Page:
You’ve reached the top of your career. You’re a sales manager now, and you have the responsibility to lead not just yourself but an entire team. MEDDIC is here to help make this transition as seamless as possible with our new guide for success: “The Transition from Sales Rep to Manager.” Meddic understands that when you think about all of the things that come along with this promotion – like increased pressure and expectations – it can be challenging to know where to start.
Sales cycles, targets, and client problems all batter down the door at once as a sales manager in addition to attempting to establish personal authority as a leader. It comes then. You are required to conduct a deal review/sales review/funnel review with your staff members.
You’re both aware of how you’ve previously conducted yourself, how you’ve evaluated your opportunities, and yet you find yourself in an unfamiliar position with the new Team: asking similar questions. The problem arises here.
Suppose you didn’t acquire it from a sales leader who was particularly strong in the sales process. In that case, you might not be able to explain how or why opportunity identification can be made without showing either as a micromanager who doesn’t trust their people or as an inflexible new manager that ‘picking’ on members of her staff.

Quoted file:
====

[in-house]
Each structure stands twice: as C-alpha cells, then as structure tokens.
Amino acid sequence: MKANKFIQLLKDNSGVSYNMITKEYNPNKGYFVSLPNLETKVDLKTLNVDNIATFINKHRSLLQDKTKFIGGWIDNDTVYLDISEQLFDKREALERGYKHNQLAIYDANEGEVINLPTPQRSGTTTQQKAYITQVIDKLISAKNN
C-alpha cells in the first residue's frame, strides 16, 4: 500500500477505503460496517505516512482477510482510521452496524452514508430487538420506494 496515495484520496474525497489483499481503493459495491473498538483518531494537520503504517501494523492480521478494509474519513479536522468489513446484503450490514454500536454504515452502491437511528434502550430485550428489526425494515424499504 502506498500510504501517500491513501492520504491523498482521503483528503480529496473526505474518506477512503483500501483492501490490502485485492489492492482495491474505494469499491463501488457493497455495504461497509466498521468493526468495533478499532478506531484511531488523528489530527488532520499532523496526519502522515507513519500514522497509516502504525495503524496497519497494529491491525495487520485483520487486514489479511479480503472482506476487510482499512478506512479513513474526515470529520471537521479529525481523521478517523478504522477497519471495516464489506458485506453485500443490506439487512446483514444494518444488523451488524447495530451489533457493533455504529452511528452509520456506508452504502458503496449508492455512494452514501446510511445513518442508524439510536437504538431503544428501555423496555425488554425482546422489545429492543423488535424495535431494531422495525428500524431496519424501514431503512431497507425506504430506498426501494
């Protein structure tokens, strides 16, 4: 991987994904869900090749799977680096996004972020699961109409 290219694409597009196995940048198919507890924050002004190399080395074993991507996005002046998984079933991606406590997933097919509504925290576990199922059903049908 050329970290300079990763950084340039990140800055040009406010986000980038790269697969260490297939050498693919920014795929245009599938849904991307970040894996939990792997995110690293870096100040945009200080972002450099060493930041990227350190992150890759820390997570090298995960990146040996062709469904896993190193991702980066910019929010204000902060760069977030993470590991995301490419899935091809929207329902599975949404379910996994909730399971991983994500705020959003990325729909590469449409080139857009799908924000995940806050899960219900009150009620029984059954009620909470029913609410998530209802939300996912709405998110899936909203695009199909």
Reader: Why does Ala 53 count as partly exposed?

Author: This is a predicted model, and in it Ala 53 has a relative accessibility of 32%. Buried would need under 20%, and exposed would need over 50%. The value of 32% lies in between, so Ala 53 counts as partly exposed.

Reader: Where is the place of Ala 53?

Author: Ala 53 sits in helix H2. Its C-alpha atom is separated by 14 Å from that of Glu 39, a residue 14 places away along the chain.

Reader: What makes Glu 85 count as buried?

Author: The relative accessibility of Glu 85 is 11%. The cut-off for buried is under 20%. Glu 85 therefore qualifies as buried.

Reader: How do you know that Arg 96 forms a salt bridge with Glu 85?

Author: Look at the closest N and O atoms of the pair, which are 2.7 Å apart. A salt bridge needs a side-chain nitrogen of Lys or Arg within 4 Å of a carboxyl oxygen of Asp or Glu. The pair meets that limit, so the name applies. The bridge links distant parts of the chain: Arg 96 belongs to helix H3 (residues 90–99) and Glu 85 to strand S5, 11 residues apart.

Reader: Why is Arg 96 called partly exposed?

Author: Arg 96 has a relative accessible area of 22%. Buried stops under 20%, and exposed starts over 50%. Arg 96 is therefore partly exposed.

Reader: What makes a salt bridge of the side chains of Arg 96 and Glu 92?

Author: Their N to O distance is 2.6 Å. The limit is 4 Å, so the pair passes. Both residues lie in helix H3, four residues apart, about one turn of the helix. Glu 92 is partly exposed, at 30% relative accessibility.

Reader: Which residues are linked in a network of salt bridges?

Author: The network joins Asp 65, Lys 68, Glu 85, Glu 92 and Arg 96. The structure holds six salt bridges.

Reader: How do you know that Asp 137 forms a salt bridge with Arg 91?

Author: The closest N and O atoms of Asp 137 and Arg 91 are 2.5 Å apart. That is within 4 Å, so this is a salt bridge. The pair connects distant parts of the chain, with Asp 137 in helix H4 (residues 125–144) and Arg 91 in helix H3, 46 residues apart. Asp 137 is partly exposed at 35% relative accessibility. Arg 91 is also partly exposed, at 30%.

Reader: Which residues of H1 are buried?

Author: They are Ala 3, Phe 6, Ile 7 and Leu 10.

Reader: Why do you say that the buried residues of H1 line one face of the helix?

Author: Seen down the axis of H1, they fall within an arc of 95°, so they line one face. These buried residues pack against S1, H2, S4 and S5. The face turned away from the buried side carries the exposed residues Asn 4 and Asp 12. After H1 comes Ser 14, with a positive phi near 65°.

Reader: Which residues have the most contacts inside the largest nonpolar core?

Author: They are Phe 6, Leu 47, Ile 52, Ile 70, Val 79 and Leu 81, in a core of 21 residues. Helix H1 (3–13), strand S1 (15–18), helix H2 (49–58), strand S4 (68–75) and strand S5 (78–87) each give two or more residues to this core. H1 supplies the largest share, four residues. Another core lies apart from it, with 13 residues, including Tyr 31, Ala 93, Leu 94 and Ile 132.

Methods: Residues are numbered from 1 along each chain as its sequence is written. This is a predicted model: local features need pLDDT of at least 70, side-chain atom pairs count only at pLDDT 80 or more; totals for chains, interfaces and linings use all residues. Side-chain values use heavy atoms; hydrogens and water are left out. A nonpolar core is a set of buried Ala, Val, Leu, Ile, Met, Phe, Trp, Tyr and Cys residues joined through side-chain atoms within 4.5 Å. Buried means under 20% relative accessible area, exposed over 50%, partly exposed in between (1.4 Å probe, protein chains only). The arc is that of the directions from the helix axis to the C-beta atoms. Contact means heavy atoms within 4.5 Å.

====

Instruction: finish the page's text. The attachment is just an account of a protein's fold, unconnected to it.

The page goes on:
As sales leaders, we must identify (and, by extension, assess) potential opportunities. However, how can we approach them so that our people may ‘win first and then go to war’?
Consider the following ideas that I have utilized in many of my transitions and shared with numerous new managers:
1. Choose a strategy that you are comfortable with. In some cases, businesses use a specific method such as MEDDIC, TAS, Consultative Selling, SPIN Selling, QBS, or Sandler – if this is the case, be sure you’re prepared to lead the discussion down the right road. In other firms, using a deal review, sales reviews, or funnel review is the norm. Medic recognizes that this may be a trait you’ve picked up through many years of personal experience and therefore uses these ideas to build upon in your transition process.
Wherever Medic fits into your own company’s strategy – make sure you’re ready to lead with it!
2. Share the process and goals with your entire Team. Make sure that everyone on the Team understands why performing a thorough search for potential opportunities is so critical to you, as well as to them. Connecting following a set route with greater earnings (and bonuses) for the salesperson is vital.
3. Start scheduling one-on-one meetings. In these sessions, concentrate on the Opportunity and the Client. Not on the salesperson. This may set a negative example for how you interact with your Team in the future if you don’t do this during an opportunity review. You will have time for more formal coaching/review meetings in the future. Concentrate on the sale.
The salesperson should be able to present their ideas and express why they think this opportunity is essential for them to – but don’t let these sessions turn into a ‘selling session’ where your reps are attempting to list all of the reasons you should sign a deal or how much money Meddic can make.
Sales reps are often the backbone of any organization, but they don’t always have the skillset to excel in a managerial role. To transition successfully from sales rep to manager, your employees must understand and execute on these five fundamental principles. Have you checked out our guide? Give us feedback if you want more information about our services!